Finding Joy in Meaningless Tasks

There is stuff you do in life that, frankly, is not very exciting.

This is true of even the most glamorous occupations.

I was envious — and admiring — of high fashion models. There, I said to myself, was an occupation that paid big bucks for no effort. How difficult was it to look glamorous and have someone take pictures of you?

Then an article I wrote was accepted by a major magazine and the editors decided that they needed some really good pictures to zhuzh up the text.

So, they sent a photographer to my office.

He had an assistant and tons of equipment. I was teaching a class, so they scouted the university and picked several suitable locations.

They also wanted some indoor shots, so we looked at classrooms and seminar spaces and spiral staircases.

I wondered why we were waiting and was soon enlightened. The make-up lady was late.

She arrived and did things to my face. And then the assistant posed me, and the photographer clicked away.

I was told to cross my legs, and then cross them the other way, and then lean forward while standing and convey the impression that I was thinking deep thoughts. I had to balance a large box above my head for a trick shot that one of the editors had requested.

The lights were blazing. The box was heavy. We had to stop every few minutes so the make-up person could wipe away the sweat and powder me again.

The shoot took three hours, and I was left with a healthy respect for fashion models.

They are well compensated, but they work for their money.

So how do you handle the disagreeable parts of what you do?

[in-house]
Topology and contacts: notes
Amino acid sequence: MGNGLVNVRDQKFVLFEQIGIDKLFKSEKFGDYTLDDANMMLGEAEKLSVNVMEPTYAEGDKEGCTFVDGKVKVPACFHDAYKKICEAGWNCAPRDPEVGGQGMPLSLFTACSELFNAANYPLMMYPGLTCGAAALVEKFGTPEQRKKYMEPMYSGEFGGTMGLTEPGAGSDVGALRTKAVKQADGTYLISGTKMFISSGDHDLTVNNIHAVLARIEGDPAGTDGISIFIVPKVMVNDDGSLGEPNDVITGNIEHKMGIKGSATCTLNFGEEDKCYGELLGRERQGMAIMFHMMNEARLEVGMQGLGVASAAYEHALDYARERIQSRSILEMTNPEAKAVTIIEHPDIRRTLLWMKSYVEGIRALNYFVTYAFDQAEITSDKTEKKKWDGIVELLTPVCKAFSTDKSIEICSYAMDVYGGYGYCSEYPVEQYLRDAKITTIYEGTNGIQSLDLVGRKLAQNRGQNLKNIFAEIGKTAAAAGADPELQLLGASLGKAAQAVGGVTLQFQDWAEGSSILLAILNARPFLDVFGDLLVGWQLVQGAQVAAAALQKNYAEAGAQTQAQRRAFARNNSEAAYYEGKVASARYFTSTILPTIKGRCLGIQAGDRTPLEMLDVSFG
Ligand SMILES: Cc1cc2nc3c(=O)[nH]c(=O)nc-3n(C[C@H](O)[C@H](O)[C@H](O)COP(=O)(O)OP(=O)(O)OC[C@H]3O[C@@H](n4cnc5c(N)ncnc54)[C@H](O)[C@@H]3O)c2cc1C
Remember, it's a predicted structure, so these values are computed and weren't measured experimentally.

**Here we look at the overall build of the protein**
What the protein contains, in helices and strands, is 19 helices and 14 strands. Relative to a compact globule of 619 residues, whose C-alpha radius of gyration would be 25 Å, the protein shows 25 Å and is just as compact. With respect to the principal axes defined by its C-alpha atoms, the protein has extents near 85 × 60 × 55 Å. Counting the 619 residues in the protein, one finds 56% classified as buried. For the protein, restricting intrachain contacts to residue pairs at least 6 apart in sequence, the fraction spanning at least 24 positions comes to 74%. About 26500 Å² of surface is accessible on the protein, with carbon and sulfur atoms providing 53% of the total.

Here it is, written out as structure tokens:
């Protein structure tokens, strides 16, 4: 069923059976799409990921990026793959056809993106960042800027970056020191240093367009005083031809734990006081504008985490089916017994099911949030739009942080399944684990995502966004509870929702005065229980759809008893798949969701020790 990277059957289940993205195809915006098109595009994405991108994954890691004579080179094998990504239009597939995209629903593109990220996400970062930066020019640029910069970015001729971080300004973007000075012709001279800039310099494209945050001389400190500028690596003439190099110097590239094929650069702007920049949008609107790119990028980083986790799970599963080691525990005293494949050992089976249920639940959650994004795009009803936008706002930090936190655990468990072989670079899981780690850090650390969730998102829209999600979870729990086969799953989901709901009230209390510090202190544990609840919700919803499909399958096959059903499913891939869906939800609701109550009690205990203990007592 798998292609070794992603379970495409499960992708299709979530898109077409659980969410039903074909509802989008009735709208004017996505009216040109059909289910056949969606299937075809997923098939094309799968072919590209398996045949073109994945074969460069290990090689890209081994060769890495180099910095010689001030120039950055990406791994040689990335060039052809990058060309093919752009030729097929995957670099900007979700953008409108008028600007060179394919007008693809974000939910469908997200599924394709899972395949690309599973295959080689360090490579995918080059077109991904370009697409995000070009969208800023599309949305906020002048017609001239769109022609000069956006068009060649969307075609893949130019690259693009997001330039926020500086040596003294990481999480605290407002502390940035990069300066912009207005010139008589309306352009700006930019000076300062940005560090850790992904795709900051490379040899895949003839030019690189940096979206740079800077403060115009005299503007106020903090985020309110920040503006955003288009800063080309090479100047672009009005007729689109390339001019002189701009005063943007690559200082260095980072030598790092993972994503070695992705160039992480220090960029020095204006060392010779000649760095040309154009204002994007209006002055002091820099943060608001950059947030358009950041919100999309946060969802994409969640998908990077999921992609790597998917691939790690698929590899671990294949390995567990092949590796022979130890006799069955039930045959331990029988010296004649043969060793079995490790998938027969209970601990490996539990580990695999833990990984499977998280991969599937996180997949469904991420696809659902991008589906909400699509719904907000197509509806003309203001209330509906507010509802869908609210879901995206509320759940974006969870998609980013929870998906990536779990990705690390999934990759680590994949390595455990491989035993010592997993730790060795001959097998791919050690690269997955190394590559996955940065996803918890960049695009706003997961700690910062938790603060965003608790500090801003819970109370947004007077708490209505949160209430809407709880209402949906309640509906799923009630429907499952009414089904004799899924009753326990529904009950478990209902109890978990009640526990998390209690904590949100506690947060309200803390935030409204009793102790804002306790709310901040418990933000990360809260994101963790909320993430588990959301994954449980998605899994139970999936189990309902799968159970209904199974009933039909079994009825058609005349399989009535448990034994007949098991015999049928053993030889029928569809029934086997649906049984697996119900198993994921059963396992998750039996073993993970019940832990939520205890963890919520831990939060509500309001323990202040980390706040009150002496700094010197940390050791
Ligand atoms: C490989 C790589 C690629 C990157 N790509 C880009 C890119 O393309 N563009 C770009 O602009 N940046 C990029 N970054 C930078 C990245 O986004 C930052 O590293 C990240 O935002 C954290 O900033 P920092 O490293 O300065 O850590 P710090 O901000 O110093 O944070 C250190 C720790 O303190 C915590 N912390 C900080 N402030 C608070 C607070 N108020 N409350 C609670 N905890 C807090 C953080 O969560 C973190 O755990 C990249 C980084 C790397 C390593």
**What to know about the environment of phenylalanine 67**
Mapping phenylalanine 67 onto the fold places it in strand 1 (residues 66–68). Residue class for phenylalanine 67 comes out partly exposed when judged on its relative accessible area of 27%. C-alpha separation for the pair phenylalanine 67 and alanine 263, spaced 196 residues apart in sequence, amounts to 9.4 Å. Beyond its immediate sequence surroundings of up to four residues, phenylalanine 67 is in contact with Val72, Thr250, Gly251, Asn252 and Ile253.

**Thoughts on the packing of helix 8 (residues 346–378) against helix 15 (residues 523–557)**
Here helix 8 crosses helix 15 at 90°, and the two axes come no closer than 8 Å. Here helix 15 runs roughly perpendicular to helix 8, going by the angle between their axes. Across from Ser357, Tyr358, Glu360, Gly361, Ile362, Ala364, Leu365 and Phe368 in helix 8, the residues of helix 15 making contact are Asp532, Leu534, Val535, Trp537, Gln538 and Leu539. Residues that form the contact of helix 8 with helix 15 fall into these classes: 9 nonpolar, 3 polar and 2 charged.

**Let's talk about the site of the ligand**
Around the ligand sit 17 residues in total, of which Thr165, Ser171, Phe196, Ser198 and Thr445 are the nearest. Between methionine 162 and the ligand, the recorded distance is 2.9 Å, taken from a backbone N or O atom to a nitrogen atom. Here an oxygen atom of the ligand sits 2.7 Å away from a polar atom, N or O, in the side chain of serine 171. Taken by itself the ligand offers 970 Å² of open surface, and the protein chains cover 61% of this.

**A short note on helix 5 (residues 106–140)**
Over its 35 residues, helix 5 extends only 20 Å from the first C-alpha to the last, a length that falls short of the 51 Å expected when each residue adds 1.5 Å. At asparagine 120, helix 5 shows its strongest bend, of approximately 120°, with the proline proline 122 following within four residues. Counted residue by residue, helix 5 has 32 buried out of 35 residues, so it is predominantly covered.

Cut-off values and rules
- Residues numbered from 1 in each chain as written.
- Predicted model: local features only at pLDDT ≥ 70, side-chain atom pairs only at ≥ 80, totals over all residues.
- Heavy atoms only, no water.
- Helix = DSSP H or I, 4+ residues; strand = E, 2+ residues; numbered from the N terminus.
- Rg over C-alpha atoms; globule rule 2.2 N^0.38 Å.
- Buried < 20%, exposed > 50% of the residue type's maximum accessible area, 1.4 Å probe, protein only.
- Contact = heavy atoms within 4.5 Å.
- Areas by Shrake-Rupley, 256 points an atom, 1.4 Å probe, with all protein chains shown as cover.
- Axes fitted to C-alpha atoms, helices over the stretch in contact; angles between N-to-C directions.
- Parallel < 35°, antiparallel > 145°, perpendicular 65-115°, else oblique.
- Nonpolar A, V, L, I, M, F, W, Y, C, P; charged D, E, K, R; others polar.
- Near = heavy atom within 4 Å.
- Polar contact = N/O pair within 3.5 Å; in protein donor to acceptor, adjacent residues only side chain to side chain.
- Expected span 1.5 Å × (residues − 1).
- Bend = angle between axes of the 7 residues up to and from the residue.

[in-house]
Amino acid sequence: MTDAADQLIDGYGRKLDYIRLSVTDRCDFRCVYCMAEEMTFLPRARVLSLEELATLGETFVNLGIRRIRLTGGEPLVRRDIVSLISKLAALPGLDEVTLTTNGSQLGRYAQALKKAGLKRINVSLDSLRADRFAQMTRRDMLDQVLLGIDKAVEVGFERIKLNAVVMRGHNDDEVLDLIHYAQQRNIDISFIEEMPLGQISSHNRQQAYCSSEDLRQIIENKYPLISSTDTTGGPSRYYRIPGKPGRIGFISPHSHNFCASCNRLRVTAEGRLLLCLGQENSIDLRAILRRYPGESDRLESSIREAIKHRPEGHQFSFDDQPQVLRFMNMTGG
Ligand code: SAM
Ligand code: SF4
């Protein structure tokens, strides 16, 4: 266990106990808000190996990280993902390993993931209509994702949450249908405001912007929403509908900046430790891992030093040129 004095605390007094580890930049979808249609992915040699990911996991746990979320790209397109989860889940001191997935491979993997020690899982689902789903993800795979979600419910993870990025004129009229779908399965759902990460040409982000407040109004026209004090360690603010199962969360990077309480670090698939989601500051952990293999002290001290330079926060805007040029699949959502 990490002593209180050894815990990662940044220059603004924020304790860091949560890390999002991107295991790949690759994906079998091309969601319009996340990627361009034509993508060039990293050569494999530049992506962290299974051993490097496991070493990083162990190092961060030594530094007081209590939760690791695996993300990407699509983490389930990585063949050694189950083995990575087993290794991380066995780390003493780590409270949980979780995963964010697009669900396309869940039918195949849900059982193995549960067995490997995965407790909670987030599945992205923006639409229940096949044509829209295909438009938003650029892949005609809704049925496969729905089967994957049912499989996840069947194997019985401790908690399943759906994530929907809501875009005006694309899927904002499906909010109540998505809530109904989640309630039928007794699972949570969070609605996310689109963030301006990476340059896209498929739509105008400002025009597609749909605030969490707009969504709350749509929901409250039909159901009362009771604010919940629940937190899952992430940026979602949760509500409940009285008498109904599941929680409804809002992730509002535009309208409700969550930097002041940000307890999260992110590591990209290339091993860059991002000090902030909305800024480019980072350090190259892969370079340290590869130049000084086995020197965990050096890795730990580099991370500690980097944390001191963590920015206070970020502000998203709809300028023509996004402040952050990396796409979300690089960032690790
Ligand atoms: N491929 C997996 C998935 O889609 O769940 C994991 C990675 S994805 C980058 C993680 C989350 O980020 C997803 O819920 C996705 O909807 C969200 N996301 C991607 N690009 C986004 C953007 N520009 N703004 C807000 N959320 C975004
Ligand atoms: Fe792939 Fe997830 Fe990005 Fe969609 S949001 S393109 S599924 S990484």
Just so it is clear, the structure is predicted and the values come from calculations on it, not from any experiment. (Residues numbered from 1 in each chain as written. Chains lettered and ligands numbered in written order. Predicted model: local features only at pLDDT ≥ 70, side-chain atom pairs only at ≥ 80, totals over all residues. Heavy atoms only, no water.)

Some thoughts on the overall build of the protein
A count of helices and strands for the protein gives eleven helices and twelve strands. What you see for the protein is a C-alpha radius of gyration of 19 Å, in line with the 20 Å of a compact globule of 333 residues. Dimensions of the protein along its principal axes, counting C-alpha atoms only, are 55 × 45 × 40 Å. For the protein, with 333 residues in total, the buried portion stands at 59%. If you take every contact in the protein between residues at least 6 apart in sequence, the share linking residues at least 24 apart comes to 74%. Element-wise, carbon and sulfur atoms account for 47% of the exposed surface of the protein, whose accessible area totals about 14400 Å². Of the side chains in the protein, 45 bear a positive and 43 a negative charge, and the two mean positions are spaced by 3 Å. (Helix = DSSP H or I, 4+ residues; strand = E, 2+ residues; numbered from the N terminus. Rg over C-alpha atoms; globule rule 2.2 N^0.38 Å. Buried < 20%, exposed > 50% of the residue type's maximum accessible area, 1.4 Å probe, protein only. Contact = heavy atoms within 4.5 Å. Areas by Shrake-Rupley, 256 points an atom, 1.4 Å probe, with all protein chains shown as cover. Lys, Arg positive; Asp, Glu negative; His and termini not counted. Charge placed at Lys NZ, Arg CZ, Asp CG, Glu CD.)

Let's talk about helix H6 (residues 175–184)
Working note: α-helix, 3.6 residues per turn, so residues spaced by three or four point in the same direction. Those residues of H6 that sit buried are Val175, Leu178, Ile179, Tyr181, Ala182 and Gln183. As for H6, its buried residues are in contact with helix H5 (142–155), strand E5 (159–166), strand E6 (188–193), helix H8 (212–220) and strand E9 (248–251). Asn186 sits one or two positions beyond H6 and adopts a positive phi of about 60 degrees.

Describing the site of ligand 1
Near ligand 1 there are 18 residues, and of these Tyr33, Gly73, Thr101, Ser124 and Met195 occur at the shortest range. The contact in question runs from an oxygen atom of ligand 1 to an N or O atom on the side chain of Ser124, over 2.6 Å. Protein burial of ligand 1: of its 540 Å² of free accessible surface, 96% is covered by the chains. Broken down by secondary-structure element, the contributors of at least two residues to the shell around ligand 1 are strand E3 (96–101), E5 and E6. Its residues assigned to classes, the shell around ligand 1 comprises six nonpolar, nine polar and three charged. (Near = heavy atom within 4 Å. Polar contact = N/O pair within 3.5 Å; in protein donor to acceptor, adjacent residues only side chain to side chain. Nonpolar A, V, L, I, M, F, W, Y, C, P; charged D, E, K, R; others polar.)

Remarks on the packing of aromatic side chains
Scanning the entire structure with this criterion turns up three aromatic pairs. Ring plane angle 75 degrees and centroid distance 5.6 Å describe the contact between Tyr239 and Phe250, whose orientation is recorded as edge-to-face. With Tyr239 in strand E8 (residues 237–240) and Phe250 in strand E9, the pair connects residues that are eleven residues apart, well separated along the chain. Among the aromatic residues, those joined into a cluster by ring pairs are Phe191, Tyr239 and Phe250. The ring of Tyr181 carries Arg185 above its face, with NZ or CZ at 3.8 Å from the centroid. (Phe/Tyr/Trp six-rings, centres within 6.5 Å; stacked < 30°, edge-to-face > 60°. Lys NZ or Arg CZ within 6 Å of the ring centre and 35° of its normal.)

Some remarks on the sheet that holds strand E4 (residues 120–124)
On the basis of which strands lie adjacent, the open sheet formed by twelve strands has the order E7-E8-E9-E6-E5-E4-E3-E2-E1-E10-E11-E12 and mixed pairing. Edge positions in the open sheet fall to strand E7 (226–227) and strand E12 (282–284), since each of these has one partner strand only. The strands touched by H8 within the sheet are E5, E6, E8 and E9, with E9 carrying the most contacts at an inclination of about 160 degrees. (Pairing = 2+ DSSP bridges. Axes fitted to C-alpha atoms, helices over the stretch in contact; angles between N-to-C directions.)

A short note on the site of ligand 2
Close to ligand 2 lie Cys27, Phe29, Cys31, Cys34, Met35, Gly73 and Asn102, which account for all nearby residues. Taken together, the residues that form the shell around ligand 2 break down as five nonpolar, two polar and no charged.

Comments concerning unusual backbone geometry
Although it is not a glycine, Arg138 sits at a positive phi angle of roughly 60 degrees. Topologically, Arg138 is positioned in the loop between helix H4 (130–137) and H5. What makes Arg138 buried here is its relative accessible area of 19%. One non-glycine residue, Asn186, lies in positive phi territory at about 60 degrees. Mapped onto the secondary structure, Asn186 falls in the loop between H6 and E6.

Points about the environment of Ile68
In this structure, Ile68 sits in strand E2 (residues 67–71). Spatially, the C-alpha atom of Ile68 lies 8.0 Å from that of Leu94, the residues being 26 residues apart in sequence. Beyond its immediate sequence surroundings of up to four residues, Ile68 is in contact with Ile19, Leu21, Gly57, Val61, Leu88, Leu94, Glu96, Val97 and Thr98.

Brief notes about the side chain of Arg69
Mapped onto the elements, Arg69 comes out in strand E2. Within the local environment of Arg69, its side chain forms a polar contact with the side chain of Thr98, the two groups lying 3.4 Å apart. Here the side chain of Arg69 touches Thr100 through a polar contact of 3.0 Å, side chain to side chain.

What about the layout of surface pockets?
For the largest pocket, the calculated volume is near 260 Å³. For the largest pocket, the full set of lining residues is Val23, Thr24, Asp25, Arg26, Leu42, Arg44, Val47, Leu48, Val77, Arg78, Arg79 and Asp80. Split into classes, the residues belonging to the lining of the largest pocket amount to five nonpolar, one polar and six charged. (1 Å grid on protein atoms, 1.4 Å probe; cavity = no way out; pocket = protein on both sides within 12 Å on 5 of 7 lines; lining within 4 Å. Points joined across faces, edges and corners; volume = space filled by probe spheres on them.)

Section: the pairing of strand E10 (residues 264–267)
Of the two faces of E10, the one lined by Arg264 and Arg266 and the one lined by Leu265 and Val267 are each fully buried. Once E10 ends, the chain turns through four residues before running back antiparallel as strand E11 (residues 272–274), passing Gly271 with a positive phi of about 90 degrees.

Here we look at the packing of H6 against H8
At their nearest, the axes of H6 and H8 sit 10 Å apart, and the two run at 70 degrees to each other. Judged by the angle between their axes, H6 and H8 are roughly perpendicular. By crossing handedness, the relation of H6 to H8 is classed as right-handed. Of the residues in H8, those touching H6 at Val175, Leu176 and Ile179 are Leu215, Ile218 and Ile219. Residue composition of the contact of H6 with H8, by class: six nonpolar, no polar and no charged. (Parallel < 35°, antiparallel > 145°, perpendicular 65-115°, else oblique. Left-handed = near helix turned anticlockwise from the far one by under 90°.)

At work this could be writing up the minutes of a meeting, or filing your expense reports, or running the numbers one more time with different assumptions.

At home, it could be the laundry, or the dishes or paying the bills.

It is, in general, an excellent idea to outsource what you can. Super if your admin can take care of getting reimbursement for your expenses and a contracting service can mow your lawn.

But, even after that, there will always be stuff you don’t like doing and only you can do.

A model cannot hire someone to pose for her under incandescent lights.

So, what do you do?

The solution is simple. And, once you get the hang of it, it is actually quite easy.

Become the witness of your mental chatter.

You discover that you find your task intolerable because your mental chatter is going, “I don’t like this. Why do I have to do this? I would rather be doing something else. What a lousy way to spend time. I would rather be watching that new thriller on Netflix.”

When you, mindfully, observe this train of babble instead of identifying with it, it decreases in intensity.

And then, again mindfully, begin doing what you have to.

Don’t think of how much you don’t like to do it. Don’t think of what else you would rather be doing.

Every time your mental chatter goes there, pull it back gently and focus it on the task at hand. If you are washing dishes, feel the warm water, the slipperiness of the detergent, the texture of the sponge.

And the task will be done before you know it.

And there will be no emotional turmoil in you.

Try it. It really works.




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